For more:-

Policeman Shot at Car? No, People!

After a great deal of coverage from most of the mainstream media comes news that a WA police officer has been charged in relation to a “Shooting”.

Sen-Const Niko Westergerling, 39, was charged on Wednesday with two counts of discharging a firearm in a manner likely to endanger life over the November 14 shooting. AAP

From news reports and statements given to a WA court it can be generally agreed that the officer pulled over a vehicle when he observed one of the occupants not wearing a seat belt. The car occupants were 3 adult women (including a pregnant woman) and 2 children, one of whom was just three years of age. After a brief disagreement over the identity of the driver the car took off.

Channel Seven reported that it was then that Constable Westergerling produced his police-issue Glock pistol and tried to smash a window with it, then fired the weapon twice as the car sped away. SMH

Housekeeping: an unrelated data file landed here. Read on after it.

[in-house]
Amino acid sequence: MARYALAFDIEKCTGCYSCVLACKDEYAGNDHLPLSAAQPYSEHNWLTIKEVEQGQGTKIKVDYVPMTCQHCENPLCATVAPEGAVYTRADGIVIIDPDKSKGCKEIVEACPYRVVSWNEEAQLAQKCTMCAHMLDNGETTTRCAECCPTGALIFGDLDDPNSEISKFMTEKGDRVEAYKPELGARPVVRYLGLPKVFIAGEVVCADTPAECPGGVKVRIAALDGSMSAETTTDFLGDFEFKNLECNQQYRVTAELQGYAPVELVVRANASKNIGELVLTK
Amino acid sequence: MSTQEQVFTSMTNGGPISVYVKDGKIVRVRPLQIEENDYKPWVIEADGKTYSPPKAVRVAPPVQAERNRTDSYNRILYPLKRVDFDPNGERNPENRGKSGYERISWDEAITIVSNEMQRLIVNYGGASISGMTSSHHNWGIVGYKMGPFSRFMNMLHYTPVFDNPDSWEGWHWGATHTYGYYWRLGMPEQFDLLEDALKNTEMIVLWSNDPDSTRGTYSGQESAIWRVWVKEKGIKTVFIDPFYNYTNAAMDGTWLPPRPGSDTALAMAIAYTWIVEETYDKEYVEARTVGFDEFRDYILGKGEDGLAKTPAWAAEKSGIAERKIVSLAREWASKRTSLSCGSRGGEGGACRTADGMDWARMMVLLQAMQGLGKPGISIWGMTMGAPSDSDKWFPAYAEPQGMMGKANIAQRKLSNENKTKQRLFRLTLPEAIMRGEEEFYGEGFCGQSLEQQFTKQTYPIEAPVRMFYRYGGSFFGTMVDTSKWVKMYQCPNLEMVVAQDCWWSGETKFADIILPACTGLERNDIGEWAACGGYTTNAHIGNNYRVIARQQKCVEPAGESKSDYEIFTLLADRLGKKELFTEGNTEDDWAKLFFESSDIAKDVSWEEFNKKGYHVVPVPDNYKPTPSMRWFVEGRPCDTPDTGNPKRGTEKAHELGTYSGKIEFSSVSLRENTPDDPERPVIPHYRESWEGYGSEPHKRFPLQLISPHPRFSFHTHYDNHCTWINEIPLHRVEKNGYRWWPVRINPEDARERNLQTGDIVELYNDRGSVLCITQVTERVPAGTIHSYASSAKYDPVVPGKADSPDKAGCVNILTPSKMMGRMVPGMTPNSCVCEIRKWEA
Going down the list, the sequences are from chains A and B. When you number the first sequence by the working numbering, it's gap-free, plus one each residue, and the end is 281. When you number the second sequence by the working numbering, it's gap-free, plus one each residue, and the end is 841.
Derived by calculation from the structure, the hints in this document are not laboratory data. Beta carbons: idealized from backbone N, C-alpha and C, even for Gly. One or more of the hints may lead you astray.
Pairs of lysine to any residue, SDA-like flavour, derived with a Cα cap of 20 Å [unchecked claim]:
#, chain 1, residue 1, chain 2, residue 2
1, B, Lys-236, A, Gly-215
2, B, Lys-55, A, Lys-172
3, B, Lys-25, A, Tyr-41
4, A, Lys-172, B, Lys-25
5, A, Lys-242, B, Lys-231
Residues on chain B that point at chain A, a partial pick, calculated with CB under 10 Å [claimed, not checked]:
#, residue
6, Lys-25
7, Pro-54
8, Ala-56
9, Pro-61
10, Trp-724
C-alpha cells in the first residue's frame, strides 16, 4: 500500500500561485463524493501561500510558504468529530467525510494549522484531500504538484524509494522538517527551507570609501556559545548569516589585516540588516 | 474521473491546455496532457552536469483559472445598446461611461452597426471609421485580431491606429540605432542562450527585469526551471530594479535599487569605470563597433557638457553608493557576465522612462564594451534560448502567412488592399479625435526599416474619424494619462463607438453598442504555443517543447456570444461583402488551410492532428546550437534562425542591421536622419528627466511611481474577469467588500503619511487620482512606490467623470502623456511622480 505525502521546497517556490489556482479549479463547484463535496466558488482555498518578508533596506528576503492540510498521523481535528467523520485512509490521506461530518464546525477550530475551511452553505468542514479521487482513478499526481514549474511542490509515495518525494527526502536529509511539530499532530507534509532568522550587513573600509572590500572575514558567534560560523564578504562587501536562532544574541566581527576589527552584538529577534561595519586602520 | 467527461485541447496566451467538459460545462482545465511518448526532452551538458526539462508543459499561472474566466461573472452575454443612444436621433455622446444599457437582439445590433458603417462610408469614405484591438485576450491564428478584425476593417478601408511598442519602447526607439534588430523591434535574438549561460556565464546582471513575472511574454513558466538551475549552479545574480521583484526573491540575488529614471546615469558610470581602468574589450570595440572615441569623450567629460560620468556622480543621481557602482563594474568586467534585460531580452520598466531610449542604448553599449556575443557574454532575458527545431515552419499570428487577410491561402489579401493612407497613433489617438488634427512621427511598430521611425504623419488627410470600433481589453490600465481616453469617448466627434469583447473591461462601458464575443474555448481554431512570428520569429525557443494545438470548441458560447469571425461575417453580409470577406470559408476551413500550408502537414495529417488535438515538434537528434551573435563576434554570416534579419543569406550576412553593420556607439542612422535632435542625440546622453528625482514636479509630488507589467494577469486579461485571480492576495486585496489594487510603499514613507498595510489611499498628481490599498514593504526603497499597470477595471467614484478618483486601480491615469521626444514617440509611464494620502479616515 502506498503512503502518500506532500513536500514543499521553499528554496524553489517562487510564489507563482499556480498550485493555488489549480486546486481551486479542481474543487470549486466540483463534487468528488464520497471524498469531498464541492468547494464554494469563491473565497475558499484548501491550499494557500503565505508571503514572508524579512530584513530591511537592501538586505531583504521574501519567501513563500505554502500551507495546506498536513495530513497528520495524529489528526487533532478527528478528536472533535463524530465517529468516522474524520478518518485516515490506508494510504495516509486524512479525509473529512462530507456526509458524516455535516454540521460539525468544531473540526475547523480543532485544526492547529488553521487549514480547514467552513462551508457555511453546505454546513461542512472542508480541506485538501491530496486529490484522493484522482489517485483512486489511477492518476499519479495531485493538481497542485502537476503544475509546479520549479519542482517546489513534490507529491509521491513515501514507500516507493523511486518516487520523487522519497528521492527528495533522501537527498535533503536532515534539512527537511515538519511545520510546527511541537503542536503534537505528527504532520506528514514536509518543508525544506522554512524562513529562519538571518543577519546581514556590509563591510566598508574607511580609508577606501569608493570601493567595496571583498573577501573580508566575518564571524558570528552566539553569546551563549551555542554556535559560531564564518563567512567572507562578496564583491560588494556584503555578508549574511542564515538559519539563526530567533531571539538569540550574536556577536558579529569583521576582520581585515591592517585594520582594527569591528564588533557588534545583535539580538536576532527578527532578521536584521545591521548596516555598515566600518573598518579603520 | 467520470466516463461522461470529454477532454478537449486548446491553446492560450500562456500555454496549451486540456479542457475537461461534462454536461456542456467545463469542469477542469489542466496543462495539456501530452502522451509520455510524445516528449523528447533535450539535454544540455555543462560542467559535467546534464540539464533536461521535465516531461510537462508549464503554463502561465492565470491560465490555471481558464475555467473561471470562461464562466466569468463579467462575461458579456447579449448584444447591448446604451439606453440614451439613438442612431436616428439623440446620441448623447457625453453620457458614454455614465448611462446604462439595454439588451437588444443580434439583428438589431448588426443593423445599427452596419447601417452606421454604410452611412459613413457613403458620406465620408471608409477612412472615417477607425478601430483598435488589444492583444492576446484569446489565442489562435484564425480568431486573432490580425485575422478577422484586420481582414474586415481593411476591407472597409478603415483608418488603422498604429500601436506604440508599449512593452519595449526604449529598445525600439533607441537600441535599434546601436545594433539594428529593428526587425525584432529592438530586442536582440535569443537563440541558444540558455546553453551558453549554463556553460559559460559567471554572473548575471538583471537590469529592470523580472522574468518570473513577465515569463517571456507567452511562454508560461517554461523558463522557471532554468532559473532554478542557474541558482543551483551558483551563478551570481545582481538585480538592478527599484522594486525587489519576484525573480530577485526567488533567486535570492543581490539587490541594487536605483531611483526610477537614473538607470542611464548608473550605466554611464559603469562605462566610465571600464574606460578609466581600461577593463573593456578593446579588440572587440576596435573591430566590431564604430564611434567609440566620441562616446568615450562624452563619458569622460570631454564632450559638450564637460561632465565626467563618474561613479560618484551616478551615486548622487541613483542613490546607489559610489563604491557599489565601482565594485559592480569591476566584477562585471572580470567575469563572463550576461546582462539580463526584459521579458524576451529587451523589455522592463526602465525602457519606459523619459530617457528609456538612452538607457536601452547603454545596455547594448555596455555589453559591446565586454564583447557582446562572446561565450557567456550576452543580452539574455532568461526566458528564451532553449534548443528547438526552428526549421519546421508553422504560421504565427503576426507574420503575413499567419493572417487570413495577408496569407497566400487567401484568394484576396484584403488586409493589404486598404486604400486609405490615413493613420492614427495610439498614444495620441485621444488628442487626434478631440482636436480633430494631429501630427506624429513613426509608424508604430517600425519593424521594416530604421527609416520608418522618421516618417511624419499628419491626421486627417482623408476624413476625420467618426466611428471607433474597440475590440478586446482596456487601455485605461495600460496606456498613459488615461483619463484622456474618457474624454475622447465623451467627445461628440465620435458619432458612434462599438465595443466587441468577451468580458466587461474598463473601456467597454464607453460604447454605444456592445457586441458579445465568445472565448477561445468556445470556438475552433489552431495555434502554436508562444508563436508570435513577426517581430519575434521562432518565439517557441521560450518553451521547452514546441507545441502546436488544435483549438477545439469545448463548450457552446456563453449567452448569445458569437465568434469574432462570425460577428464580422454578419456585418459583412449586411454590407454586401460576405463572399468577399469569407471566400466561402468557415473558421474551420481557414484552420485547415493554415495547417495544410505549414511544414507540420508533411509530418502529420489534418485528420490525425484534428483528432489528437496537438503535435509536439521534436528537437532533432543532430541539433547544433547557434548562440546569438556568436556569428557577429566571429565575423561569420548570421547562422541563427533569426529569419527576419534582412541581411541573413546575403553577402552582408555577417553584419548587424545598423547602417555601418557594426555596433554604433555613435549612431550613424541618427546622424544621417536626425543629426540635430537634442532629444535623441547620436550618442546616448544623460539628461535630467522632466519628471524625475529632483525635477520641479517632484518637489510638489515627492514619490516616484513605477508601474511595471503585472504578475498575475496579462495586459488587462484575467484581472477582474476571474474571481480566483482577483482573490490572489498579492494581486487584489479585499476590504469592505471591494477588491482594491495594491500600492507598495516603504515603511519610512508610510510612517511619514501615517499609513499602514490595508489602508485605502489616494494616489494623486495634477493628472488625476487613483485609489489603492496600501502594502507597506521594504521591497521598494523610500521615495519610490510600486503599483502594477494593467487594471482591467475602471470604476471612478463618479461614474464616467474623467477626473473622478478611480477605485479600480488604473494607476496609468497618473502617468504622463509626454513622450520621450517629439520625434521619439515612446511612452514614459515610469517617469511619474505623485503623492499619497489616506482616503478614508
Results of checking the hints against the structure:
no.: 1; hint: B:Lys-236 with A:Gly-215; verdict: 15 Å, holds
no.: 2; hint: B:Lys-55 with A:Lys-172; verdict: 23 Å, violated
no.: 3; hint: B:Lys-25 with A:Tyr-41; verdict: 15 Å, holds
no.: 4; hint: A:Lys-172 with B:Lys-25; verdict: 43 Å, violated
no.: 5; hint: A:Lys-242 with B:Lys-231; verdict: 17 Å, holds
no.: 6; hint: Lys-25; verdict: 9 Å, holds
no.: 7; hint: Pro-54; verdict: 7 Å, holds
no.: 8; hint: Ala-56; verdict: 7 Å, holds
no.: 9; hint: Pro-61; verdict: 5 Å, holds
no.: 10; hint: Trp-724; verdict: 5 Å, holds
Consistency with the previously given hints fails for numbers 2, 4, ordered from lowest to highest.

This is clearly not acceptable from any officer of the law and the serious charges laid show just how serious a criminal matter this is. How does a traffic incident so minor escalate into a potentially fatal police shooting. The officer was accompanied by colleagues, he was pulling over a car with women and children and although there was a disagreement surely he could not argue his life was in danger. Police Officers for the large part are just like you and I, they do a bloody tough job for not a great deal of pay. But could there have been any insight into this officer that could predict such an incident might occur?

Earlier this year…. Senior Constable Niko Westergerling, 38, who also worked as a male model, was fined $2000 by a Perth Magistrate after admitting to kicking and punching his wife in their Innaloo home during a heated argument. Constable Westergerling “snapped” and punched his wife, causing her a black eye, and threw her to the ground where he repeatedly kicked her to the body. SMH